Navigating the Challenges of Dental Care for Children with Autism
Why Are Children with Autism at Risk for Dental Problems?
- Damaging oral habits, such as picking gums and grinding teeth.
- Dietary preferences that increase risk of cavities, such as food items high in sugar or soft foods that stick to the teeth.
- Trauma from injurious falls. For example, seizures are a common comorbid disorder with autism, putting those individuals at risk for trauma to the mouth.
How Can Parents Prepare Their Child with Autism for a Dentist Visit?
Preparing a Child with Autism Before an Exam
Talk to the Child’s Dentist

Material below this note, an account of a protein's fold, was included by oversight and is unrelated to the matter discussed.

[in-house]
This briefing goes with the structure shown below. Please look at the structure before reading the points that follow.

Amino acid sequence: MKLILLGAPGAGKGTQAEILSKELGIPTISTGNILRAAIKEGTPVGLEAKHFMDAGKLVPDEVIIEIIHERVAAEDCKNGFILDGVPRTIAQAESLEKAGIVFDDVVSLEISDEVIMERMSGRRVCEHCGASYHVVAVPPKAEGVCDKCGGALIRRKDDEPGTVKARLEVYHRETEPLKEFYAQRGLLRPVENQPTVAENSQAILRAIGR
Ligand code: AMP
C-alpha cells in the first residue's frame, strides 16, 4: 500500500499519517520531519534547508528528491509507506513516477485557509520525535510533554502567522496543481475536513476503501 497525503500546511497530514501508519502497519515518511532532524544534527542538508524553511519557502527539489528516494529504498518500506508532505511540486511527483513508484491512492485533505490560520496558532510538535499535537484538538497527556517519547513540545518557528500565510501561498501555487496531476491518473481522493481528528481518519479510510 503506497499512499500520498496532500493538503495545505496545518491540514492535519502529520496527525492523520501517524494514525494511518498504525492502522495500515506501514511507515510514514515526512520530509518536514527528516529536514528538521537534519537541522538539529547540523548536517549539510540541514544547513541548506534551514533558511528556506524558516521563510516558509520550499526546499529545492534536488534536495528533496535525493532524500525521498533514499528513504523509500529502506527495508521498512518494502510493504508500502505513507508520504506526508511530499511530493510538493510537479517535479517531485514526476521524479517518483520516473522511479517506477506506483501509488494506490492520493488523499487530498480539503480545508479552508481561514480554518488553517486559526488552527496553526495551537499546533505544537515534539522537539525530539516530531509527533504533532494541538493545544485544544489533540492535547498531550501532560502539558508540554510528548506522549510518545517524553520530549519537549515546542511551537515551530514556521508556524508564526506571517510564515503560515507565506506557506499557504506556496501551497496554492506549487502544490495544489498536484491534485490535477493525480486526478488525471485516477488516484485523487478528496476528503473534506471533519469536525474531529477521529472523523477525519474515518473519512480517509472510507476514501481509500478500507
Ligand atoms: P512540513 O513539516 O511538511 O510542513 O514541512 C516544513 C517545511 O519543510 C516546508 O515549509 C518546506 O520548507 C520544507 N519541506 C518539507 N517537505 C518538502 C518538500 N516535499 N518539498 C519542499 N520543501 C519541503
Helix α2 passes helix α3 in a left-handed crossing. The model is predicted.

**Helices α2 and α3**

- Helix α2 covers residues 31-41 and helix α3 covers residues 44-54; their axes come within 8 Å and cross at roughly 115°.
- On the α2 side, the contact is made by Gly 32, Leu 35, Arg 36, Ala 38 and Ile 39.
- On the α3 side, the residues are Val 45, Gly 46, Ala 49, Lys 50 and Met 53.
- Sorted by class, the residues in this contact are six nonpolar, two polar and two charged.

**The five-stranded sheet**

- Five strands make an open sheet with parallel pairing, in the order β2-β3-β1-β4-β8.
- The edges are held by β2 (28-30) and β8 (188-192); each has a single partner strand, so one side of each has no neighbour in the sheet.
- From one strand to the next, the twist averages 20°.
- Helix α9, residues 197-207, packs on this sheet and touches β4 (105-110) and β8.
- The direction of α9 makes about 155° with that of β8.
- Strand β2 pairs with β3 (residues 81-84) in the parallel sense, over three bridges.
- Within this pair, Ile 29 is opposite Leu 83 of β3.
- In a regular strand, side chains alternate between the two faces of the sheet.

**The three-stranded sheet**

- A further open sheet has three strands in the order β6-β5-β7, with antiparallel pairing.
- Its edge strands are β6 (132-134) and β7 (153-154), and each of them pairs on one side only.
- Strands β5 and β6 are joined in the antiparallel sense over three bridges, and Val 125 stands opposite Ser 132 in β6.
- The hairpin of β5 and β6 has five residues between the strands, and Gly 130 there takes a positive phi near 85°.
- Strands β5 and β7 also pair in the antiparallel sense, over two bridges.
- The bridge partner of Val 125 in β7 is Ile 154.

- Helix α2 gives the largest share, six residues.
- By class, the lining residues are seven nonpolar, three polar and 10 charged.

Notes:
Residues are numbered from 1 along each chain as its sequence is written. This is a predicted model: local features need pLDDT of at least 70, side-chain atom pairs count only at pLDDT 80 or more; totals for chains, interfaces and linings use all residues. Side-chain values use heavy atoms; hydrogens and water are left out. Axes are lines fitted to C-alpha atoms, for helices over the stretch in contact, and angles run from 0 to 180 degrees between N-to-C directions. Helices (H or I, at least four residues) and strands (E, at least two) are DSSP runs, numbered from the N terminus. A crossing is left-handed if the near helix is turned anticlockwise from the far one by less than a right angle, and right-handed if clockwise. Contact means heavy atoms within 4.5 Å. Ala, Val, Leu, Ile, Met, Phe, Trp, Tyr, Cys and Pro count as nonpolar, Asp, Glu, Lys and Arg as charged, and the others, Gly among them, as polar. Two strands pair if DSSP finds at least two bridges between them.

- Can you provide information on what will happen during the exam so I can help prepare my child for a visit?
This information can aid parents in using desensitization tactics to help their child through the exam process.
- Will this exam be the same every time my child comes in?
Routine is important for many individuals on the autism spectrum. Following the same process lets the child know what to expect and feel comfortable.
- Do you allow other adults to be in the room during an exam or dental procedure?
Being present as a parent or having a child’s ABA therapist in the room to provide reinforcements can help the child remain calm, allowing the dentist to complete the dental work.
- The child’s diagnosis. Be straight forward in sharing that the child has autism spectrum disorder.
- Behaviors the child may exhibit during the exam. This allows the dental team to prepare for factors that may interfere with the exam process.
- Sensitivities to stimuli. The dentist may have solutions for minimizing bright lights, sounds, and other stimuli that may be uncomfortable.